• By July 2014, Greta brings a spoon to her mouth and feeds herself a spoonful of food at least three times during each meal over three consecutive days.
      • By August 2014, Greta ring sits on the floor propped on hands for at least 60 seconds in 2 out of 3 attempts on three consecutive days.
    • Greta currently uses eye gaze most effectively for communication and recently tried a head mouse with a communication device, which shows a great deal of promise. Improving trunk strength and head control functionally through standing will increase her breath support for vocalization as well as her ability to effectively use augmentative and assistive communication options.

The Standing Program

  • What type of stander did you use, what options did they use? Why was this stander chosen over other types?
    • Greta used a TherAdapt supine stander because of her size at age 12 months, her limited head control, and availability of lending equipment from her Early Intervention program
  • How often do they stand? How long do they stand? What is the standing protocol?
    • Standing was incorporated into the daily routine for 45-60 minutes.
  • Where do they stand – rehab/school/home?
    • Greta did all of her standing at home
  • ADLs or other Activities that they do while standing
    • The stander tray provided an excellent surface for Greta to do art activities and play with simple cause-and-effect toys

Other points of interest

  • The family and team were faced with the question of whether seeking insurance reimbursement for standing or gait training technology would result in greater long-term benefit for Greta. By initiating standing around 12 months, Greta was able to develop functional strength allowing her to walk up to 80 feet in a gait trainer with trunk and pelvis support and with direction lock on by 18 months. At 30 months, she walks hundreds of feet in the gait trainer with trunk and pelvis support and controls her own steering, making controlled 90 degree turns. The gait trainer was ultimately the best choice for seeking reimbursement from insurance, but the stander was a vitally necessary component in developing gait.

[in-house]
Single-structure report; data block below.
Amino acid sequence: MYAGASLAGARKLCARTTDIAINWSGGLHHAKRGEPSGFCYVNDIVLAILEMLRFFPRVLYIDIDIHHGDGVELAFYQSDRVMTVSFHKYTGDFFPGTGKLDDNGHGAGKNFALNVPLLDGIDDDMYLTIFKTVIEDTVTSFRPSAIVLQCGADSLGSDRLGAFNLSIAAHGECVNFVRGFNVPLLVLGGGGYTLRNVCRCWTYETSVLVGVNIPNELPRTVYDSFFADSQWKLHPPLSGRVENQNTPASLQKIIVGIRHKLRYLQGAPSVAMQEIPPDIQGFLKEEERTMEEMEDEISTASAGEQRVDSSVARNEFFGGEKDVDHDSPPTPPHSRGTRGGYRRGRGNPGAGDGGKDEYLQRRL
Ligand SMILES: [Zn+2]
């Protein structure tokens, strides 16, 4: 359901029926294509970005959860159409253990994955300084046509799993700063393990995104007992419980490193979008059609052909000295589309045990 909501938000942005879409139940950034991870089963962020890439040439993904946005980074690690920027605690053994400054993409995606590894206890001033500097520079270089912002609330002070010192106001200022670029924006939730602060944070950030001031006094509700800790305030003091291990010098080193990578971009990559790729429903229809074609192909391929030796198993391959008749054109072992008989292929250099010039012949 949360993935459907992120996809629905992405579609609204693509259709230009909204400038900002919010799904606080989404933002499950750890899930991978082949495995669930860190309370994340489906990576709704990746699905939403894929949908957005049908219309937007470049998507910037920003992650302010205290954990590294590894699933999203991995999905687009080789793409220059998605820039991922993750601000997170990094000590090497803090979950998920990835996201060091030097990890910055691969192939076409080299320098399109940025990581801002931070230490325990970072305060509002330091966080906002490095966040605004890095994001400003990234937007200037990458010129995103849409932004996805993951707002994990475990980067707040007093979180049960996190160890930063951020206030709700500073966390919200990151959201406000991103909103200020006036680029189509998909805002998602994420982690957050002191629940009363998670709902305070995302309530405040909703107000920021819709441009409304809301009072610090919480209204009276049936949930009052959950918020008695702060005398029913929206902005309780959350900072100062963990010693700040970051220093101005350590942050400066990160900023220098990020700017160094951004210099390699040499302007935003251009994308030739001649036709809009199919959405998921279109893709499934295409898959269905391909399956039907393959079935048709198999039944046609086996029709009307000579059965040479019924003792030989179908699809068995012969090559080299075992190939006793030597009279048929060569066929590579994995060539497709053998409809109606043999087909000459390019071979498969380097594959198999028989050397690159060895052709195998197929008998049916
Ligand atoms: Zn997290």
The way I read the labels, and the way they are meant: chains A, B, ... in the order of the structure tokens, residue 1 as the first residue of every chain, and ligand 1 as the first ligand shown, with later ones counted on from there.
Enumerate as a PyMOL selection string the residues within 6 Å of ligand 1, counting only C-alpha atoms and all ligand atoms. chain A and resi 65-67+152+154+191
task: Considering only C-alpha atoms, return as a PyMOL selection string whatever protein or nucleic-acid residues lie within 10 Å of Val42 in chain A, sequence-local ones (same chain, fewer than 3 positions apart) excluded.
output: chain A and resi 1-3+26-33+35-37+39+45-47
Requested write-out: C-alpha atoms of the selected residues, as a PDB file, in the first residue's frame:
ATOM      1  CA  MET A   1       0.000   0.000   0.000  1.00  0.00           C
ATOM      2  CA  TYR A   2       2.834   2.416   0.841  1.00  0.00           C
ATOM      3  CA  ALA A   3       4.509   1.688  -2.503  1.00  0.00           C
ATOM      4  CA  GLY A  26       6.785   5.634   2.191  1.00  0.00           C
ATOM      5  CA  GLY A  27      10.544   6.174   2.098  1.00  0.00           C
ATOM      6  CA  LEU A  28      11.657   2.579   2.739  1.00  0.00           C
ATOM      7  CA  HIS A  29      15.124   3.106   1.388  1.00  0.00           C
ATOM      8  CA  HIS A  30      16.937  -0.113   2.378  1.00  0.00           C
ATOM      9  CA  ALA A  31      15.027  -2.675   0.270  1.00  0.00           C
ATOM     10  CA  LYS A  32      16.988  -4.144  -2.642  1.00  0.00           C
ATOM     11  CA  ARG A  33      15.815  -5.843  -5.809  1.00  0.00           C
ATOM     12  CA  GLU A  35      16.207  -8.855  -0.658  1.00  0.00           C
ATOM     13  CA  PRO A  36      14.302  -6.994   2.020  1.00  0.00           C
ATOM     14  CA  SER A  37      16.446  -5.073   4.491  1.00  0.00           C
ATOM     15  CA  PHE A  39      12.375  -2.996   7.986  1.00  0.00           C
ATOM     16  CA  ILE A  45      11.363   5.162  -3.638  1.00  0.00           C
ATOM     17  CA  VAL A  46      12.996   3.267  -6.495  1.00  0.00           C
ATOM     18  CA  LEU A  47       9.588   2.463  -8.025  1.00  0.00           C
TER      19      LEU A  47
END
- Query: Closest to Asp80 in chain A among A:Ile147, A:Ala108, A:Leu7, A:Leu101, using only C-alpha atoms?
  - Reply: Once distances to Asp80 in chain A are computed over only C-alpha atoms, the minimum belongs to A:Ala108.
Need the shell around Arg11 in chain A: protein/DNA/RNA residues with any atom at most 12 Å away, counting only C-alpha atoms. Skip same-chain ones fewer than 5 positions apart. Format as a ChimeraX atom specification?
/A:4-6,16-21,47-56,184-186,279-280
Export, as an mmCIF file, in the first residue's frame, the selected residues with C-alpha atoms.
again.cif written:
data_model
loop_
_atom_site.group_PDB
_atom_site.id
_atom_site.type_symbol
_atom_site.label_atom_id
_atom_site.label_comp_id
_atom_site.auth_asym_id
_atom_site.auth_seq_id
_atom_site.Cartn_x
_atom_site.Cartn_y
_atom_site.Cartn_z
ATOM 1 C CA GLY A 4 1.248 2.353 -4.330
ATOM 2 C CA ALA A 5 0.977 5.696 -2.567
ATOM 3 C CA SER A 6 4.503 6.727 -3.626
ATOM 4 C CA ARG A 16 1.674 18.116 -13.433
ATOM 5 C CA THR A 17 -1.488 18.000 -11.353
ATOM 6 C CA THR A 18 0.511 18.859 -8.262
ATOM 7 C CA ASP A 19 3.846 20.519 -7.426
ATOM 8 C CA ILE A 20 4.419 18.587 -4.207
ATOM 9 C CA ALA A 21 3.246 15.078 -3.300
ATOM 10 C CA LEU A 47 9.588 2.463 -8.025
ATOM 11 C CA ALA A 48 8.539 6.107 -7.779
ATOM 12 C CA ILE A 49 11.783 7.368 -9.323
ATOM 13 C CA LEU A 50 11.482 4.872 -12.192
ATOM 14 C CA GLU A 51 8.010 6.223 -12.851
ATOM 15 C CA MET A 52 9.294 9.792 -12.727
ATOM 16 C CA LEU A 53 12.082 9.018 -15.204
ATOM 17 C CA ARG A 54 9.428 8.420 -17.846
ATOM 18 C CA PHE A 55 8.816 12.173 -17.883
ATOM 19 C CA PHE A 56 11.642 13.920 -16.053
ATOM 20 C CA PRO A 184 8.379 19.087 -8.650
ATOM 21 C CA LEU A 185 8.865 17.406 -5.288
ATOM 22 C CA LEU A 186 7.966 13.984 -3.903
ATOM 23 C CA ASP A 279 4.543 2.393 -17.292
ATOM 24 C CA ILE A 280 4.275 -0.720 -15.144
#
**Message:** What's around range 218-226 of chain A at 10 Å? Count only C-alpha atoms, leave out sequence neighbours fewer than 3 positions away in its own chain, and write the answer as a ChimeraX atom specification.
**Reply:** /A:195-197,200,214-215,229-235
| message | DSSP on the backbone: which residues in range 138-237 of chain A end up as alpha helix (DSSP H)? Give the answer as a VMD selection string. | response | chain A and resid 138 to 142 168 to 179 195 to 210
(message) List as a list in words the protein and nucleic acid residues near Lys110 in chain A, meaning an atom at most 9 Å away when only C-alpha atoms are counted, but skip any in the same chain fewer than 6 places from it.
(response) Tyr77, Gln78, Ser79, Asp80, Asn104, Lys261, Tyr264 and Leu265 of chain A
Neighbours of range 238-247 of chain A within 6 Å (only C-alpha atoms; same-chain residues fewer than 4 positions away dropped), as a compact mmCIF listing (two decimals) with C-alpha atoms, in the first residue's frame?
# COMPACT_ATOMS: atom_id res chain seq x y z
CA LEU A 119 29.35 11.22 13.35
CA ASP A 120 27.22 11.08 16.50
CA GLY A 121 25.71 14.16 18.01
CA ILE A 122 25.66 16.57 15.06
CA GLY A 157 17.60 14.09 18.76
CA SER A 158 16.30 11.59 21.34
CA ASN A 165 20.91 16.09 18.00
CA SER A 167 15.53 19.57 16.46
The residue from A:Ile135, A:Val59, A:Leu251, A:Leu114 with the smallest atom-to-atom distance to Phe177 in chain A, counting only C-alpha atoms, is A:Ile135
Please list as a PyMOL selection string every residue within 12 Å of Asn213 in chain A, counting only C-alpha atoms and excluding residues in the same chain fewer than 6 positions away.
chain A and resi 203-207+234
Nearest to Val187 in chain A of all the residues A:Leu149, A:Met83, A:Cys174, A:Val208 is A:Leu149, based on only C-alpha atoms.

Outcomes

  • How were the (long or short-term) goals of standing met (medical benefits, physiological/emotional benefits, ease in daily living, etc.)
    • By standing, Greta was able to develop skills necessary to develop mobility
    • By standing, Greta has developed improved trunk strength which has helped with her fine motor skills – she now grasps a crayon and holds it to color for over a minute at a time
    • By standing, Greta has improved her core strength and is producing more vocalizations to increase communication
    • By standing, Greta has increased her head control, which will make it possible for her to utilize a head mouse for computer and communication device
  • Advice for others (therapists, parents, consumers)

Remember the natural progression for  developing mobility. I don’t believe a child must necessarily crawl before she walks, but she must stand before she walks. Using standing technology is not giving up on walking. A standing program is an excellent way to develop requisite flexibility, strength, and function for gait.

Background/Bio of therapist/writer

Stephenie Labandz, PT, received her MPT degree in 2002 and her DPT degree in 2009, both from the College of St. Catherine in St. Paul, MN. Her primary professional interests are neurological rehabilitation and assistive technology. She currently serves the children and families of Robbinsdale Area Schools through their Early Intervention and Early Childhood Special Education programs.